Home Topics Economy, trade & employment GUATEMALA: INVESTORS PROFIT WHILE COMMUNITIES SUFFER

GUATEMALA: INVESTORS PROFIT WHILE COMMUNITIES SUFFER

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In March 2012 the The Caribbean Council released a report  funded by the British Foreign and Commonwealth office (FCO) informing the British public about the investment opportunities that currently exist in Guatemala. The report was then distributed on the website of the British embassy in Guatemala. It also coincides with the EU-Central America Association Agreement, a free trade deal which in theory should contribute significantly to the further opening of markets.

The report focused on 5 areas: Construction Infrastructure, Renewable energy, Mining, Agribusiness and Retail Fashion. Titled, “Business Opportunities in Guatemala and El Salvador”, the report guides foreign investors on the different facets of the five areas mentioned above. Nearly all the investments opportunities proposed by the Caribbean Council  are taken from the document “Invest in Guatemala”, produced by a company called PRONACOM which aims to bring foreign investment to the country.

While the Caribbean Council document is careful to warn that “as in any other country, a UK company entering the mining sector in Guatemala will need to ensure proper consultation with local community interests”, some of the projects in Guatemala, especially, have dreadful past and dubious current records. In particular, the cement plant in San Juan Sacatepequez and the nickel mine in El Estor have been the scene of serious human rights violations affecting the local indigenous communities.

El Estor in the department of Izabal is a region characterized by land conflicts and was heavily affected during Guatermala’s armed conflict. Even though a license to exploit nickel had existed since the 1970’s, it was not until Skye Resources bought the contract in 2005 that the project was activated. The result was the eviction of 500 families from their land in 2007. Among those who spoke out against the mine there have been various accounts of threats, imprisonment, gang rapes and murders. The majority of the crimes appear to have been committed by the mine’s private security guards. Five years later, none of the 500 families that were evicted has been relocated. The aim of the Solway Investment Groupis to now extract 590 million tonnes of nickel over 30 years.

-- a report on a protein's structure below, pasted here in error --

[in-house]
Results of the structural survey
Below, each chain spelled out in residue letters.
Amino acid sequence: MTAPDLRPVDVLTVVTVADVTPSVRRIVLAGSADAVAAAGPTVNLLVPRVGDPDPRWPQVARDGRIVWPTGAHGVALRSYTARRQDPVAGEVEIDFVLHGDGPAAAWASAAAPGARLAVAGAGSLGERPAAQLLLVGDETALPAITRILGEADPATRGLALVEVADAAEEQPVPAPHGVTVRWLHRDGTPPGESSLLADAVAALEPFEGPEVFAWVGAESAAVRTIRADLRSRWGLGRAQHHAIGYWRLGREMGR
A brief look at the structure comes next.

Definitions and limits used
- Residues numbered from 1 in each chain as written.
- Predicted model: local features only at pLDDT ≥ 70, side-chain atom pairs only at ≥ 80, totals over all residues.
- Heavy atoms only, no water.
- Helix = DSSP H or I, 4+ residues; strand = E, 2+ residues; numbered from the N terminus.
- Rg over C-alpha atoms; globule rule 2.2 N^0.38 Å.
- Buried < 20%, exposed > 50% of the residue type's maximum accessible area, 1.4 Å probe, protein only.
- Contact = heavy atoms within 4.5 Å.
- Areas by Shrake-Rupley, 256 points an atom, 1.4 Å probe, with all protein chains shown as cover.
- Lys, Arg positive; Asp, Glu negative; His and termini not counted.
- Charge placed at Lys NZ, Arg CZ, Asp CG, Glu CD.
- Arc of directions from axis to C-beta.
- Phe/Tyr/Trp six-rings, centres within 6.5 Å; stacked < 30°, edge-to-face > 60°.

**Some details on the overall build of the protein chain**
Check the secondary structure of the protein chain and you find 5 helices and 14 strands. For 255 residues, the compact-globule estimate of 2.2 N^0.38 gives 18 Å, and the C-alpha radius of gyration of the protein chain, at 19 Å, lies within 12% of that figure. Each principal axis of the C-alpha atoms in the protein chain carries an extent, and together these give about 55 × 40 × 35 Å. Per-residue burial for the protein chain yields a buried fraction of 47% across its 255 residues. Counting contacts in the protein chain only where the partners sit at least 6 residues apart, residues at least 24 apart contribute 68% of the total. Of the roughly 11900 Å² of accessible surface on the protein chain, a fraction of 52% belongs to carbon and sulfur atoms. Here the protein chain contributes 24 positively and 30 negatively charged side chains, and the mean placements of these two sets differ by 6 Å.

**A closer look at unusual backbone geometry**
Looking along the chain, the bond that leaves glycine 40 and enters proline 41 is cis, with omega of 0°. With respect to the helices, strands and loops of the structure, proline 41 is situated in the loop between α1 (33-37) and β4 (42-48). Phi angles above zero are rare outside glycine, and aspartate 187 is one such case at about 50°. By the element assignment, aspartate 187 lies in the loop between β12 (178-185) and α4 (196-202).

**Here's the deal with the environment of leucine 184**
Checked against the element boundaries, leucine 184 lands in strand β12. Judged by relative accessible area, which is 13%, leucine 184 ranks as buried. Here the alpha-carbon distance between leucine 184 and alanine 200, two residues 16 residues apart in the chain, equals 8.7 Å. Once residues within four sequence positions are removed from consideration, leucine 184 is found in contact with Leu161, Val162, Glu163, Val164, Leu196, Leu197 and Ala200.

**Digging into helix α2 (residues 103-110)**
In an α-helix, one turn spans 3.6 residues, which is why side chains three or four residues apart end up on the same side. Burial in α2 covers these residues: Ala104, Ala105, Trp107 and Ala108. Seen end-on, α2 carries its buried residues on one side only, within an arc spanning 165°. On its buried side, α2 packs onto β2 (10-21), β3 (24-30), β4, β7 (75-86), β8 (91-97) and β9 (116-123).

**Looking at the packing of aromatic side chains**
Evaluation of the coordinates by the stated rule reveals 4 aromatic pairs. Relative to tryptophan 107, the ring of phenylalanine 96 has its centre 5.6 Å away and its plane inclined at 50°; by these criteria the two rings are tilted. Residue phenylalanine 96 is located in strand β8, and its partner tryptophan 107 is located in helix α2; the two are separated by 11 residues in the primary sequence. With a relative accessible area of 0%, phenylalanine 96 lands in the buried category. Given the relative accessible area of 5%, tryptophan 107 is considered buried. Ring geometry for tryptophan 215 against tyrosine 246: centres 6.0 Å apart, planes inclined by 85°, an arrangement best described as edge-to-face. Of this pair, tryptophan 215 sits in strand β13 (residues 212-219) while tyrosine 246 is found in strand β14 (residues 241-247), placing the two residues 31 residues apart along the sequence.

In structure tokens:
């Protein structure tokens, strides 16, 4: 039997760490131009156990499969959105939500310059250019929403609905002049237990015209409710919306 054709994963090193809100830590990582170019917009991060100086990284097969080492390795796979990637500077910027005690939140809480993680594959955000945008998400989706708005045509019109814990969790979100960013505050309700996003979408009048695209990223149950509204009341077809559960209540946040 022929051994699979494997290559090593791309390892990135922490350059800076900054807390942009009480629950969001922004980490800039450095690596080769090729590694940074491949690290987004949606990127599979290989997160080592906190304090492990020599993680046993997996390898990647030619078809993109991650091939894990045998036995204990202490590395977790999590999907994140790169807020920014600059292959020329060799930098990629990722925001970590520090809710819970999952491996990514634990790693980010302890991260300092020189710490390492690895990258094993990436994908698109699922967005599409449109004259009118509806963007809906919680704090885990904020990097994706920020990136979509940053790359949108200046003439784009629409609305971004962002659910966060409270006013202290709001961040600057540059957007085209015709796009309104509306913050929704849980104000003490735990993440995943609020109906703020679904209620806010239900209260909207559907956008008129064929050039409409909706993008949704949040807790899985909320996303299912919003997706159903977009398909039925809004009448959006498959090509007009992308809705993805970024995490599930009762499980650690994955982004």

In San Juan Sacatepequez, despite a community consultation which rejected the proposed cement plant in 2008, the Guatemalan company Cemento Progreso installed its new business, as shown in the photograph. Cemento Progreso is another company that has been invested in by the CDC. As at El Estor, since the installation of the cement plant the local population has suffered threats, imprisonment, gang rapes and murders, again mostly attributed to the company’s private security apparatus. As at San Marcos, after violence occurred between community members opposed to  and those in favour of the cement plant, a ‘state of prevention’ was declared in San Juan Sacatepequez by the government. While the state of prevention decree was in effect, Cemento Progreso brought in machinery to begin operations under the protection of the Guatemalan army and police. 

The British Embassy has a very close relationship with Cemento Progreso. Many of the embassy’s social programs are channeled through the company’s charity organization, Grupo Progreso. The Embassy also sponsors Guatemalan students to study in the UK, many of whom return to Guatemala to work with Cemento Progreso. Also the company regularly funds the annual British ball and donates prizes for its raffle.

The full analysis of the Caribbean Council report, by Samuel Jones, for Getresilent.com, can be downloaded here..